Apple details how teachers bring ‘students closer to nature with iPad’


Apple today published a lengthy newsroom post outlining how teachers are making use of iPads in the classroom and out of it. One example is Coppell Middle School East science teacher and Apple Distinguished Educator Jodie Deinhammer.

Deinhammer is using iPads to help students tend the school’s community garden, even though students are being taught remotely.

“Students having access to iPad has changed the way learning looks in my classroom,” she says. “With iPad, each student can design their own learning path and use resources and accessibility features that cater to their individual needs. … They can create infographics, videos, or drawings, compose music, or write to show learning and growth over time. There’s a lot more of an individual component to education through technology.”

Gardens aren’t the only place iPads are being used, either. Students are using apps like Keynote to collect data and all of their work is then combined into a book that can be shared with other classes and even their local community.

Last year, inspired by the Everyone Can Create curriculum, Deinhammer developed and recently released the “Everyone Can Create in Science” book with fellow Apple Distinguished Educators. Many of those concepts are being applied to the gardening class, as Deinhammer believes creativity and flexible learning encourages students to grow. She uses iPad to design lessons and assignments for each of her students in a format — audio, visual, or written — that works best for them. Students capture their findings in a digital field guide created in Keynote, combining all of their work in a book to be shared with future gardening classes and the local community.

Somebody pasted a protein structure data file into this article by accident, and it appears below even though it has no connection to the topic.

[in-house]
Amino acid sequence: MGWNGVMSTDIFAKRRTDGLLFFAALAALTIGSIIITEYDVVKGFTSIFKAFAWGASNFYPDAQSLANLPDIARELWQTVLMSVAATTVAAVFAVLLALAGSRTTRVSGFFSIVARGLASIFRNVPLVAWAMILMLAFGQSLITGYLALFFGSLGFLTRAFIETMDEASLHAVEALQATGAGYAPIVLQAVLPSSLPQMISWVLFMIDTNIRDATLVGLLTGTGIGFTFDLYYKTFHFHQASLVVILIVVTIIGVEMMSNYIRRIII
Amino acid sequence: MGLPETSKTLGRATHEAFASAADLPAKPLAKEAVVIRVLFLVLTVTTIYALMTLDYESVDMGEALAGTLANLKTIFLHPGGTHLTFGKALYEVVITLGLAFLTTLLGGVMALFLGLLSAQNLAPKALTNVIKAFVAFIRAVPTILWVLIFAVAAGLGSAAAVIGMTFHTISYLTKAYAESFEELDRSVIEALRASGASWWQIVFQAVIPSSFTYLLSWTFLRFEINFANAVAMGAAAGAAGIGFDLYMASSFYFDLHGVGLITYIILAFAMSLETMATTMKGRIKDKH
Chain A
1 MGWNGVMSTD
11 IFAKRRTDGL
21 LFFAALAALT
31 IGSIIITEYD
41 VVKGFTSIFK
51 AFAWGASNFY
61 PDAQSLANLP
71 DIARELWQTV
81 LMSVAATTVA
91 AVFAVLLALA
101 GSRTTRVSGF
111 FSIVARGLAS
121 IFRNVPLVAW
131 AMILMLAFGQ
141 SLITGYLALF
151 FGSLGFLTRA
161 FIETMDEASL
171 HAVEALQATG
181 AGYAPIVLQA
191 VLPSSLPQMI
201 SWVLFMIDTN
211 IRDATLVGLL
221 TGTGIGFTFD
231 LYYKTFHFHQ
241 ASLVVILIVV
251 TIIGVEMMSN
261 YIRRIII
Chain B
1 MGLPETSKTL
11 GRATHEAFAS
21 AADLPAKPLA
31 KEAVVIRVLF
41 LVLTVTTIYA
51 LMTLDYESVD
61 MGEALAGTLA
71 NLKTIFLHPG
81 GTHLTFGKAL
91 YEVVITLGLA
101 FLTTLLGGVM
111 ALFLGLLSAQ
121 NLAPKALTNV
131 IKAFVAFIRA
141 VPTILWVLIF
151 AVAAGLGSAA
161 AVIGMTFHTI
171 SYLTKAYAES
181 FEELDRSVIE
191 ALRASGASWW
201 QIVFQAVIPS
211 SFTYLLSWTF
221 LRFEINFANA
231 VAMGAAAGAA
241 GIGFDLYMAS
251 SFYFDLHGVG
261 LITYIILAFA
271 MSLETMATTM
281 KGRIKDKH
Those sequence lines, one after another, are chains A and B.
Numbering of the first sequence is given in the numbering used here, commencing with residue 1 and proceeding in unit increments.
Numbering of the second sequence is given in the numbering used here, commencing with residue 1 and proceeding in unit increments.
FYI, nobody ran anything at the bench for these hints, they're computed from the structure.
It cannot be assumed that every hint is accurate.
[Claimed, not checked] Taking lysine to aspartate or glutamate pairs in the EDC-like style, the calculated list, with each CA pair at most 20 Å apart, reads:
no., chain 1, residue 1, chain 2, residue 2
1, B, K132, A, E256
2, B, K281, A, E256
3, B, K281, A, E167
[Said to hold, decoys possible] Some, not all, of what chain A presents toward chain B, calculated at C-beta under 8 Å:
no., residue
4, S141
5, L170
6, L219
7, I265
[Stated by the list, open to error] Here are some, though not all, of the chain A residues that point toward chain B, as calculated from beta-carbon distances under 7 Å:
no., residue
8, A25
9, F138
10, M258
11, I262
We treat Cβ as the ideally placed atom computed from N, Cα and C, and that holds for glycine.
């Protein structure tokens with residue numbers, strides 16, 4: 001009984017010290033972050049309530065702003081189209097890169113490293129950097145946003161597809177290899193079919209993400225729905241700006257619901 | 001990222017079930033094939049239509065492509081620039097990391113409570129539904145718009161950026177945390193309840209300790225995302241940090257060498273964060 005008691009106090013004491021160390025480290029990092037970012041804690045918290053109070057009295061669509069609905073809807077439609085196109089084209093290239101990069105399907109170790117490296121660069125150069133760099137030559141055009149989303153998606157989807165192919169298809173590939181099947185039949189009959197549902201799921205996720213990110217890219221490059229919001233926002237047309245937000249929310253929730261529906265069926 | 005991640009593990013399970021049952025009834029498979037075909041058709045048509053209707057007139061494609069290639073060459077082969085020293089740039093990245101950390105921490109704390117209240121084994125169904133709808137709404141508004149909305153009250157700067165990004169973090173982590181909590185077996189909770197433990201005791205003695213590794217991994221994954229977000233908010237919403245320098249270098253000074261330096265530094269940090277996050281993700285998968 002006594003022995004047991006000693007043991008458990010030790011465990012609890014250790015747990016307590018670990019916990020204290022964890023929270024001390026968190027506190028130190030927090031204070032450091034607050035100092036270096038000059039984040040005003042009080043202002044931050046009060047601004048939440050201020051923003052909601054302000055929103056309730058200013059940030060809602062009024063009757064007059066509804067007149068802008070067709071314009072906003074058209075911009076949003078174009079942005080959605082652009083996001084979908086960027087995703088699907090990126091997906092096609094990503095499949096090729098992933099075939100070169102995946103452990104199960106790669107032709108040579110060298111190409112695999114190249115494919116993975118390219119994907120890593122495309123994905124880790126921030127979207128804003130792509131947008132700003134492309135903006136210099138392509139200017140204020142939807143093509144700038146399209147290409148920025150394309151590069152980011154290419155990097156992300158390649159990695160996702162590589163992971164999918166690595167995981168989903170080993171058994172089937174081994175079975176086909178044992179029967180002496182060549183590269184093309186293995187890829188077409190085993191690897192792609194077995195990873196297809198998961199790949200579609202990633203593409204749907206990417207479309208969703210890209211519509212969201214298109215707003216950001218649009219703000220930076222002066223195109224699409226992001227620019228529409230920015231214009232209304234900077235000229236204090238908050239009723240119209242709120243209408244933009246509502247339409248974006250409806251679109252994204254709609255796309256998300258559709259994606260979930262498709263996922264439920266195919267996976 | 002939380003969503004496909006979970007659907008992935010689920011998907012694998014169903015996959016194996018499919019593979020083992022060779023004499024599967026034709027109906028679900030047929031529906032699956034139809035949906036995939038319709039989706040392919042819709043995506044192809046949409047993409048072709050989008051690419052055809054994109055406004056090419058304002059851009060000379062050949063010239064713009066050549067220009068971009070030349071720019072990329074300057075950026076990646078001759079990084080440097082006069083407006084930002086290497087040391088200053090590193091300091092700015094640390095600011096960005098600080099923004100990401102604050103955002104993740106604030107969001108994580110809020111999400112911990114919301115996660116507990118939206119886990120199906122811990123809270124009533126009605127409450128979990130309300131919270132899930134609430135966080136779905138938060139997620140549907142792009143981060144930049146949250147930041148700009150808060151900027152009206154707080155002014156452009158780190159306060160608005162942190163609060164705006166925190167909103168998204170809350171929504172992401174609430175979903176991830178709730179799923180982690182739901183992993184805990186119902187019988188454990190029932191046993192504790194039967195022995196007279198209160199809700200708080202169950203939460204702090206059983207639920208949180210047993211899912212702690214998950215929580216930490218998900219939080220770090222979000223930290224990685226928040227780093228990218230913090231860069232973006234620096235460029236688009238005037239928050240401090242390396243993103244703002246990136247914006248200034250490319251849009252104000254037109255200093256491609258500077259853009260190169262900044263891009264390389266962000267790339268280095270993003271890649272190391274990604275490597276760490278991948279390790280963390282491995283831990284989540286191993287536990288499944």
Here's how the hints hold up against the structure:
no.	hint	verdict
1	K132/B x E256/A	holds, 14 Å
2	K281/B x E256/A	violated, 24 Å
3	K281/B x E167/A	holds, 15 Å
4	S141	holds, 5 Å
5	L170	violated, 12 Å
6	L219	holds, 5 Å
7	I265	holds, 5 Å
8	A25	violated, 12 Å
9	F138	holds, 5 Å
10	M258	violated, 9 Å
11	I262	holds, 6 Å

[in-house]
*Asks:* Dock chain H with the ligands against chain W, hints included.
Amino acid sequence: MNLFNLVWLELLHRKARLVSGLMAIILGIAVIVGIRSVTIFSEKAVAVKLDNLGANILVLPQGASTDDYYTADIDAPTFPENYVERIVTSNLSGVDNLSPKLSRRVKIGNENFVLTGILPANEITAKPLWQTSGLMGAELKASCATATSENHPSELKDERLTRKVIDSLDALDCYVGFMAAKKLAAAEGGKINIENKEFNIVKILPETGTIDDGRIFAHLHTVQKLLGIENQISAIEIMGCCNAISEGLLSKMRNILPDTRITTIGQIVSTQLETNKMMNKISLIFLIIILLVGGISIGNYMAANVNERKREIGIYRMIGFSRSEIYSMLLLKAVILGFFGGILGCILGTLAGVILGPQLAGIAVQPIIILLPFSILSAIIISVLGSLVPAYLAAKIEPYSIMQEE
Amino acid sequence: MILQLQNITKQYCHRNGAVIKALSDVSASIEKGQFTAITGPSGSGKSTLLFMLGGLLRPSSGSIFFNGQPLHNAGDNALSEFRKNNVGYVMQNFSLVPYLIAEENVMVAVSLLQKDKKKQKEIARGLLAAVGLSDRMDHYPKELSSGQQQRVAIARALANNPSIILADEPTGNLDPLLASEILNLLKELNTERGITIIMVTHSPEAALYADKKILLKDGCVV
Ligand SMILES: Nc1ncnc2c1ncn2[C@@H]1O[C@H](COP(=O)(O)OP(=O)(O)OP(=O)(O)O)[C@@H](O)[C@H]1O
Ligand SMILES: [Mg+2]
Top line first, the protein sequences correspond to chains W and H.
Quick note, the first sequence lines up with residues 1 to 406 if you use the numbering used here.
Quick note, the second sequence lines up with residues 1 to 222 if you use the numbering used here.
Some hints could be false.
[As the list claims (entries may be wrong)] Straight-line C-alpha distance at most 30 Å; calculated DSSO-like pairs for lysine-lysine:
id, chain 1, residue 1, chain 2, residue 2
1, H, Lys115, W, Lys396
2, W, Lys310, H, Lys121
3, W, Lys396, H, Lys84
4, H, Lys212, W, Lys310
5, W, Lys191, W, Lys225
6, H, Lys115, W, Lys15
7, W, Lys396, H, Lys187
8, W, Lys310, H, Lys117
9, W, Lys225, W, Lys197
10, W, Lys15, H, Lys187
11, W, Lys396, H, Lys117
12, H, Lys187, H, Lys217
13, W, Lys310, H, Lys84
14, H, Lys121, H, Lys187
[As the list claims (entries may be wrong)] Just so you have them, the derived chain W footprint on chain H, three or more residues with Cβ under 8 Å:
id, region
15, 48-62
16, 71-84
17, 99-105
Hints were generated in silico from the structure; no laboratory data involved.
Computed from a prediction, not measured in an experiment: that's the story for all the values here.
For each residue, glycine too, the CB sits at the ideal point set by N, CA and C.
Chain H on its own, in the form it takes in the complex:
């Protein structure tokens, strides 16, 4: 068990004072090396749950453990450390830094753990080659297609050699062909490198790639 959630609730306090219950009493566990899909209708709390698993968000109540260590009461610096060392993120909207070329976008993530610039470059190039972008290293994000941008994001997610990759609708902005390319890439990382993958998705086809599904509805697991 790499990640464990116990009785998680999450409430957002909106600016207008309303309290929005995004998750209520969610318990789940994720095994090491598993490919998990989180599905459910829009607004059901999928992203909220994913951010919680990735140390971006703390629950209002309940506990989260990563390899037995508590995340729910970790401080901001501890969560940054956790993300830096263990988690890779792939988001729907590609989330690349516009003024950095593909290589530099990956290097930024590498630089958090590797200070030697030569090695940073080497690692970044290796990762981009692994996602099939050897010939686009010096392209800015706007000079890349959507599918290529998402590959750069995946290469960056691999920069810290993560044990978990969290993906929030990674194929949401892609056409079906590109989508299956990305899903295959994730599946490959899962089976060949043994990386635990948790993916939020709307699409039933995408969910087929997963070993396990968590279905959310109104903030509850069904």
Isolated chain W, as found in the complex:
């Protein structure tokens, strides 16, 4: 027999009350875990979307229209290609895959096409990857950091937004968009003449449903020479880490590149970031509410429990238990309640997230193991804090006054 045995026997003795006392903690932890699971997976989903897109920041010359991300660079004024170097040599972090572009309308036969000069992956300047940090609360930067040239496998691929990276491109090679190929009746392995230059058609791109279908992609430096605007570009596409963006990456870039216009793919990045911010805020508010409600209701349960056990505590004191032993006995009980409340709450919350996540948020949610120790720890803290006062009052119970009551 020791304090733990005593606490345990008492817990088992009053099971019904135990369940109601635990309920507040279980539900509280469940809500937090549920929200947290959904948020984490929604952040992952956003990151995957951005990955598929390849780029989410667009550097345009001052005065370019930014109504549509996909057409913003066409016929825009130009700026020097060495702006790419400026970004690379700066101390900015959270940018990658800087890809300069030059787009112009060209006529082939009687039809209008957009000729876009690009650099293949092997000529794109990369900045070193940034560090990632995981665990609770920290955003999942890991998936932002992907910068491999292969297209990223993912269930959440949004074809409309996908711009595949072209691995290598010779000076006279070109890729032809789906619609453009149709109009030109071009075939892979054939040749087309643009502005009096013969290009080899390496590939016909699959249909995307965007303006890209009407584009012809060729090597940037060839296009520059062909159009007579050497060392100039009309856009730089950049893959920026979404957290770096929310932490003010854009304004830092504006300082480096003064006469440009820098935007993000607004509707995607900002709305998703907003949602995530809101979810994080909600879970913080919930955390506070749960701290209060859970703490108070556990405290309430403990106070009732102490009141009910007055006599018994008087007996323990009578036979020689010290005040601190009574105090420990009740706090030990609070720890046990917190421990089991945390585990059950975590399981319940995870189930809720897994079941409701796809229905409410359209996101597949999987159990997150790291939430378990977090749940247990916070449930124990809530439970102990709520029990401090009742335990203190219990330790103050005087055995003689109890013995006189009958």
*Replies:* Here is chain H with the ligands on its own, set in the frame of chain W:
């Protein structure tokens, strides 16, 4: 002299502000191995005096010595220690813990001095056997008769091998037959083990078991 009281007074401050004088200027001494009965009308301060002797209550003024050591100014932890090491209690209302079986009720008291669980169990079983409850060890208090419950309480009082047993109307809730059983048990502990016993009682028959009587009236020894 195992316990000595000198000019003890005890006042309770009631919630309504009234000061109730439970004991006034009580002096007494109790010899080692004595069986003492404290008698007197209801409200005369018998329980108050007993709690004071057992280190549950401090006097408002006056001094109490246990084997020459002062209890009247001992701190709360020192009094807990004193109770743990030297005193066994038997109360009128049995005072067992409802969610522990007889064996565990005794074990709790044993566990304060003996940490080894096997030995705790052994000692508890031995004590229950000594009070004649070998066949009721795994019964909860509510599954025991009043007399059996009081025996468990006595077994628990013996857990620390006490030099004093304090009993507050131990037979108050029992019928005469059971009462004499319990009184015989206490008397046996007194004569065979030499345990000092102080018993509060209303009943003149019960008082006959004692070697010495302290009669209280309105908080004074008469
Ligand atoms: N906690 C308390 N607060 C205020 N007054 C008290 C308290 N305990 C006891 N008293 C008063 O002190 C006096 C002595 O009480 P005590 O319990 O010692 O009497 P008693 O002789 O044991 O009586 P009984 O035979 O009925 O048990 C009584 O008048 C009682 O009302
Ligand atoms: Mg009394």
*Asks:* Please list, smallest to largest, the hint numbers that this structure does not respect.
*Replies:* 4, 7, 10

Unsurprisingly, students like the idea of using iPads and even iPhones when learning as well. Oh, what I’d have given to be able to do the same when I was at school!

Stayton Slaughter, a student in the gardening class and a co-leader of the school’s sustainability club, which started the garden last year, is a fan of Deinhammer’s teaching style. “When I get to create my own final product, I can make something I’m truly proud of,” he says. “When I go to the garden, I can take pictures; I can make observations with my iPad or iPhone. Learning digitally as well as physically gives me the resources and tools to make my own decisions, my own observations, and my own creations for class. It’s a more enriching learning experience.”

Be sure to check out the full Apple Newsroom piece for some great quotes and even better photos of the work these kids are doing.

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